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Broadway Shows Get the Point! Again!


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“Hello, Dolly.”



Those titles don’t look quite right, do they? They’re missing a certain…something. They’re talking when they should be shouting or exclaiming or…

That’s it!

For decades, Broadway musicals used exclamation points in their titles liberally and unironically. Everyone from Irving Berlin to George Gershwin had them, sometimes multiple times in the same show. (Jerome Kern wrote the 1918 show “Oh, Lady! Lady!!”, a title that raises a whole other question about the use of commas.) The exclamation points promised fizz, excitement, laughs. The difference between “Drat! The Cat!” and “Drat. The Cat.” is enormous. Enormous! (See?)

Even before “Oklahoma!” acquired a title song — and a new name to go with it — it was called “Away We Go!” But then Broadway got serious. And away the exclamation points went, at least for a while.

The musical theater historian Laurence Maslon charts the waning of the exclamation point to the style of serious musical theater exemplified by the director Harold Prince and the composer Stephen Sondheim.

“By the late 1960s,” Mr. Maslon said, such effusive punctuation “became shorthand for a title promising a sort of excitement that the material itself didn’t provide.”

As weightier works took over the Broadway landscape in the 1970s and 1980s, pop culture rushed in to fill the void in the form of fake titles, usually with a healthy dose of snark. New musicals ending with the once obligatory punctuation mark could be found not in Playbills but in “The Simpsons” (“Oh, Streetcar!”) and “Friends” (“Freud!”). F. Scott Fitzgerald’s famous admonition — “An exclamation point is like laughing at your own joke”— rang more and more true.

“At this point, I can’t imagine any straight-faced musical using one,” said Mr. Maslon. “Either it’s intentionally self-referential and not meant to be seriously, or it’s coming from a more jejune sensibility and doesn’t care.” In the first four years of the 2010s, only a single musical out of more than three dozen — “Baby, It’s You!” — had one. And that played less than six months.

But wait!

In just the last year, that number has tripled, with “On Your Feet!” and “Disaster!” joining “Something Rotten!” on Broadway. Not to be outdone, NBC has taken old titles and added exclamation points on its broadcasts of “The Sound of Music Live!” and “Peter Pan Live!”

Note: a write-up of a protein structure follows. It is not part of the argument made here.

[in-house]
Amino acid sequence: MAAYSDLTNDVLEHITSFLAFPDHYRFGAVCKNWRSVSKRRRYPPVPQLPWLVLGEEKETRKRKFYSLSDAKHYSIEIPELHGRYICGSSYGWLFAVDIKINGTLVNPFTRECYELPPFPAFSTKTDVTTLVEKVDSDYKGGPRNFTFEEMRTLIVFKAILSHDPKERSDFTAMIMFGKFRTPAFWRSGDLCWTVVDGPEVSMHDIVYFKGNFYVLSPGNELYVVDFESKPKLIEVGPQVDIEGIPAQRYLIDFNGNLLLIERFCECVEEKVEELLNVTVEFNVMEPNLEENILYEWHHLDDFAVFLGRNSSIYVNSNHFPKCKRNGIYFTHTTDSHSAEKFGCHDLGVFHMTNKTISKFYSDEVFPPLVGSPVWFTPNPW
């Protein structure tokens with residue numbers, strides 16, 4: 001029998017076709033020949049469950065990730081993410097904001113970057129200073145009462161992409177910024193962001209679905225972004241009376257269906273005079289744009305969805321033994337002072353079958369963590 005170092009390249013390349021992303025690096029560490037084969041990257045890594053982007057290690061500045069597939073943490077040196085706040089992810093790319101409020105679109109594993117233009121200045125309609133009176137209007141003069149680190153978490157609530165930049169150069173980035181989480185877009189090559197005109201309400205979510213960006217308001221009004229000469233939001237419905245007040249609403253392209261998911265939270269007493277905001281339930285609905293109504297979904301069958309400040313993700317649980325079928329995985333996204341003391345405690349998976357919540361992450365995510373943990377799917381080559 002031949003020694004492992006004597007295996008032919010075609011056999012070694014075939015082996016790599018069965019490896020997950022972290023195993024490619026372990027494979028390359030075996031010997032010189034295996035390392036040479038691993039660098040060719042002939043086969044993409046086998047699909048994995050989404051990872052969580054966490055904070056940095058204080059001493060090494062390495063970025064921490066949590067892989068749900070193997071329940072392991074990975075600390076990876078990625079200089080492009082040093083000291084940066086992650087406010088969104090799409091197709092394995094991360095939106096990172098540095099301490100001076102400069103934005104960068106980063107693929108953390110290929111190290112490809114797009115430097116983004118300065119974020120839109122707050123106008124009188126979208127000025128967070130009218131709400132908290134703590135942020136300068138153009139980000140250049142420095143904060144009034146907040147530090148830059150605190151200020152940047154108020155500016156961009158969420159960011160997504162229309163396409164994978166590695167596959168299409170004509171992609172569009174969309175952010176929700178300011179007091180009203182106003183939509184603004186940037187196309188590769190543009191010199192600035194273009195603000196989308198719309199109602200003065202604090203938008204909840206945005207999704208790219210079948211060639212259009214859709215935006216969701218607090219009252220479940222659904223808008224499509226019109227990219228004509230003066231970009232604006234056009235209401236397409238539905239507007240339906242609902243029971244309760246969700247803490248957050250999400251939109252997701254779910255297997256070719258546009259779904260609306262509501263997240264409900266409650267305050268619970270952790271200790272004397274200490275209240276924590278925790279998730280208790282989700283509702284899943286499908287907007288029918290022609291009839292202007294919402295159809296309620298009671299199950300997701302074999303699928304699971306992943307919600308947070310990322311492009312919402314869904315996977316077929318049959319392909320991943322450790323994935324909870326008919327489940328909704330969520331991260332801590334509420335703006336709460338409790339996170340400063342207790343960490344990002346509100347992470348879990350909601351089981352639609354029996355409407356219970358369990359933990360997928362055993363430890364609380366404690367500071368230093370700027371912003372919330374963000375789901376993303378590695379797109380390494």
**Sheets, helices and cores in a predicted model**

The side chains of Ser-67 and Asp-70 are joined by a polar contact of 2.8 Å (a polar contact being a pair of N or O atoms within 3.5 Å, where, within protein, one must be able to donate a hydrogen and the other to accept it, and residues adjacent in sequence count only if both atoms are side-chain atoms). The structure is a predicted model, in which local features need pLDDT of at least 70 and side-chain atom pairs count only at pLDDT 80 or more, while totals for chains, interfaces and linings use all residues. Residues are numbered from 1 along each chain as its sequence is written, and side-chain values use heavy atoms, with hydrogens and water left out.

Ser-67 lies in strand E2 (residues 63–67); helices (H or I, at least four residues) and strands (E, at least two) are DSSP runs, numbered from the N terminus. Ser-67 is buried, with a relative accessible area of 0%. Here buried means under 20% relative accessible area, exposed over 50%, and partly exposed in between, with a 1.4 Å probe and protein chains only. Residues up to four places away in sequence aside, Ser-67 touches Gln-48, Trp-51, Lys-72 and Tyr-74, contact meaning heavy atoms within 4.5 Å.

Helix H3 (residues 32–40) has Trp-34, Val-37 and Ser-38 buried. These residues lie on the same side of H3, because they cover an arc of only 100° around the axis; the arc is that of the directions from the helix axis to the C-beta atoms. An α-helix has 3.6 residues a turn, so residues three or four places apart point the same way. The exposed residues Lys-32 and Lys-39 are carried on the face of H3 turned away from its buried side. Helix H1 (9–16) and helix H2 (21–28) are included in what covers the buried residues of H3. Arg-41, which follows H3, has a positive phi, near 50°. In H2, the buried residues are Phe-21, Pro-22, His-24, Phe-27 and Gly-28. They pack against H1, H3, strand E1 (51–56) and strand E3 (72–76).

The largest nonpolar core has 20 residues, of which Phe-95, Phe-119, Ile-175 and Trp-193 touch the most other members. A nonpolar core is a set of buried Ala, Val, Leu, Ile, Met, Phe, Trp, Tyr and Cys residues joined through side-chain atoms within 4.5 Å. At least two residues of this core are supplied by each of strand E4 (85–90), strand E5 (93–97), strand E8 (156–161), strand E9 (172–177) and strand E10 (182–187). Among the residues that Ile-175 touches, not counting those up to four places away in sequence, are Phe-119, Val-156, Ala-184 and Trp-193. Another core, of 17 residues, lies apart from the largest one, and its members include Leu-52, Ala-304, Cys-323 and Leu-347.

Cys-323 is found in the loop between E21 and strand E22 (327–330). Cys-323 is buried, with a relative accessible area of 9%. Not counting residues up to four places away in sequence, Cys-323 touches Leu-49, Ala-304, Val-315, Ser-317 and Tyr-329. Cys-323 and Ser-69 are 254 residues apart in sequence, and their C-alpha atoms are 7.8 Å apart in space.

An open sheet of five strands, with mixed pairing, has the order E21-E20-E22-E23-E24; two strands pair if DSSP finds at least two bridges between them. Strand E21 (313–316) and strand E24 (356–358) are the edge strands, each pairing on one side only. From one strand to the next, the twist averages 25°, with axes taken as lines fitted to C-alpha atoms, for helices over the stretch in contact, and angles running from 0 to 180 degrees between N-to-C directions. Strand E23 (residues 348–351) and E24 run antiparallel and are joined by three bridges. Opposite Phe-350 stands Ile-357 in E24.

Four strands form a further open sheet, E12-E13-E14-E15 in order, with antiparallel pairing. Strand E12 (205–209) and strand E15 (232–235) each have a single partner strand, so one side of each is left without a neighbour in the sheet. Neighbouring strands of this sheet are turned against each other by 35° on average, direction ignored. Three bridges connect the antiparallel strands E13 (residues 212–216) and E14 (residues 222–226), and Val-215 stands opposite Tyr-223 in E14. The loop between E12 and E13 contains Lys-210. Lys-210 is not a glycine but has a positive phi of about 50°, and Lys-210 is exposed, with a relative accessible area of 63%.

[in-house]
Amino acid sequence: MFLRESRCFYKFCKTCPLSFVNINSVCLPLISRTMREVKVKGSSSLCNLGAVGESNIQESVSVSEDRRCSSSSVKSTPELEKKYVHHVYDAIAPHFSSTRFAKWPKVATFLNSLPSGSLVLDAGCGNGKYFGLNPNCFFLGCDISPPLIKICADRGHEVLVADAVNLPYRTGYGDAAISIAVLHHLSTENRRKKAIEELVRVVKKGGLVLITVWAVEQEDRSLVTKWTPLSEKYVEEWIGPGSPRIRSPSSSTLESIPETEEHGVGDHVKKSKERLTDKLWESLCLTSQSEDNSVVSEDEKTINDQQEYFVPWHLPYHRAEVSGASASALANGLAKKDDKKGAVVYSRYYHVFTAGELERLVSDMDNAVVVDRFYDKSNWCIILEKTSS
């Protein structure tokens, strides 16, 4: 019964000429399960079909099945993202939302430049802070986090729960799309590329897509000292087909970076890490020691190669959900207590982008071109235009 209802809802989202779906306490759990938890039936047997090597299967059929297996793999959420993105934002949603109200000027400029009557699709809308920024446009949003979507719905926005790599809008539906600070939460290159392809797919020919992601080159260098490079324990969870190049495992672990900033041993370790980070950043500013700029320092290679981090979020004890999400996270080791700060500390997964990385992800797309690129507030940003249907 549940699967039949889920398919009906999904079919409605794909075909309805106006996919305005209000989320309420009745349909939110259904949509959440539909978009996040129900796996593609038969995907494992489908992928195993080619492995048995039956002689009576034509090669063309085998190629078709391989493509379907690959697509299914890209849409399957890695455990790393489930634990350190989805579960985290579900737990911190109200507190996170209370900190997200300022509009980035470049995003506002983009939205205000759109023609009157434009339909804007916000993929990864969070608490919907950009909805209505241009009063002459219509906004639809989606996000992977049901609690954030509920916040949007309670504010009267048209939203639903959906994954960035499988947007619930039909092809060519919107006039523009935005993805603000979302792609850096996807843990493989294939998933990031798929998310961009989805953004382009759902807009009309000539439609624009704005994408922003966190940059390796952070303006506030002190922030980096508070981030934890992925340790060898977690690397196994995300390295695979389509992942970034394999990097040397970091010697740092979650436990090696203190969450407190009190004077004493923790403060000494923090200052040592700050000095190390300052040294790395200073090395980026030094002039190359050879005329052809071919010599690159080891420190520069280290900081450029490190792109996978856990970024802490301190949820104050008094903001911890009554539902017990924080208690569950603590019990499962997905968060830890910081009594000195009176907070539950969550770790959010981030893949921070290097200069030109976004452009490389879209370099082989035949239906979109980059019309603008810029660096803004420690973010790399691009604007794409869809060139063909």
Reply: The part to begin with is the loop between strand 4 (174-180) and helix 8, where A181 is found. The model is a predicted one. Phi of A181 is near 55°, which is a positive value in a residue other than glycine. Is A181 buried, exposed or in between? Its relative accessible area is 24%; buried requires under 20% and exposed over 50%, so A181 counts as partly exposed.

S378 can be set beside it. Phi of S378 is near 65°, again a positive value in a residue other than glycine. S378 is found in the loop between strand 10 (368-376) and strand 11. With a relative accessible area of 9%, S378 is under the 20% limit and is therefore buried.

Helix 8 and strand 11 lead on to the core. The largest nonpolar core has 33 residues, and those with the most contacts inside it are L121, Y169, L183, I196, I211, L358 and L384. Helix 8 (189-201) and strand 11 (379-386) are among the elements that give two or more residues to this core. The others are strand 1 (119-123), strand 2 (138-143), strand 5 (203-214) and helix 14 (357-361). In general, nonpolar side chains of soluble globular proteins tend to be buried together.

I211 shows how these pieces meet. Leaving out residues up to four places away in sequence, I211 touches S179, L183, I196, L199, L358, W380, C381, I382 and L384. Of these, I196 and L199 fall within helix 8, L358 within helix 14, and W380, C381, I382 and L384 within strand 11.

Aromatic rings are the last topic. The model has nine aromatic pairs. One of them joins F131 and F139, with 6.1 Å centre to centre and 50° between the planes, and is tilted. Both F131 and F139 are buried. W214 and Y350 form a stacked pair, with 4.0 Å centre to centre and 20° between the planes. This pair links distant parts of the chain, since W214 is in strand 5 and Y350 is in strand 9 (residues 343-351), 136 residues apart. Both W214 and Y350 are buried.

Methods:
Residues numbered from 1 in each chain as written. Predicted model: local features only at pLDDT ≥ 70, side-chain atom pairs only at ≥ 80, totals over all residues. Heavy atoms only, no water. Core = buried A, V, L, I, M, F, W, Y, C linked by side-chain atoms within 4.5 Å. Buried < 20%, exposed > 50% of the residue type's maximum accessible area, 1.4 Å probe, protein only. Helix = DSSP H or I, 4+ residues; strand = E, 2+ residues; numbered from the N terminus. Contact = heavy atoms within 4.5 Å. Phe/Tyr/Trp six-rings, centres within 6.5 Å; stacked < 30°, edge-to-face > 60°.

For some creators who grew up during those exclamatory lean years, the shift has come with some trepidation.

“We felt using it was, as they would say in England, ‘a bit naff,’” said Karey Kirkpatrick, who helped kick off this resurgence in March 2015 with “Something Rotten!,” about two Elizabethan playwrights trying to do William Shakespeare one better and stage a musical. “But Kevin was absolutely adamant that it had to be there.”

He was referring to the “Something Rotten!” producer Kevin McCollum, who consistently lobbied for the exclamation point even when the show had the more innocuous title “The Bottom Brothers.”

“‘Something Rotten’ with a period could be an editorial statement, and not a positive one,” said Mr. McCollum, who implored audiences to “embrace the exclamation point” in print advertisements last spring. “With an exclamation mark, it becomes fun. And what better way to treat a show about making the world’s first musical comedy?”

(He had some corroboration from the medieval scribes who were copying away a few centuries before the Elizabethan shenanigans in “Something Rotten!” It is believed that these copyists put the Latin word “io,” or “hurray,” at the end of some sentences to convey delight. Eventually, the theory goes, the “o” ended up underneath the “I” and in shrunken form.)

Seth Rudetsky, the co-creator as well as co-star of the campy 1970s spoof “Disaster!,” has taken a similarly enthusiastic approach to the title. A recent show brochure had nearly a dozen exclamation points, including after the names of each principal cast member. (“Roger Bart! Kerry Butler!”)

“I don’t think ‘Disaster!’ works without it,” Mr. Rudetsky said. “It has to be heightened.”

However, he takes pains to distance himself from the elbow-to-the-ribs mentality that the exclamation point has come to symbolize. “‘Disaster!’ is a very silly show, but not in that way which says ‘Broadway’ in quotes, which I can’t stand,” he said. “Roger Bart has sharks living on his arms by the end of the show, but he plays it like it’s real. Sort of.”

Even with their barrage of insider musical theater gags in “Something Rotten!,” the creative team stresses that their goals are not to mock but to praise.

“Ours is not winking,” Mr. McCollum said. “This is not part of the Letterman-ization of entertainment.”

Of these three shows, by far the least ironic is “On Your Feet!,” which follows the joint careers of the singer-songwriters Gloria and Emilio Estefan. The title, while based on one of Ms. Estefan’s hit singles, takes liberties on both ends: The song was actually called “Get on Your Feet,” with no exclamation point.

And when the Estefans began to develop a musical for Las Vegas about a decade ago, the planned title was an unadorned “On Your Feet.” Finally, though, they opted to turn it into less of a suggestion and more of a command.

“These are our marching orders,” Ms. Estefan said with a laugh. “Hey, I grew up in a military family.”

In this era of emoji-laden texts and tweets, of course, exclamation points are the coin of the realm. Both Mr. Rudetsky and Ms. Estefan said they struggle to keep their usage under control in their day-to-day life.

And as Mr. Kirkpatrick pointed out, “Something Rotten!” may have set a trend well beyond Times Square: “The first time I saw Jeb Bush’s campaign logo, we said, ‘Hey, they stole our exclamation point!’”

Source: New York Times

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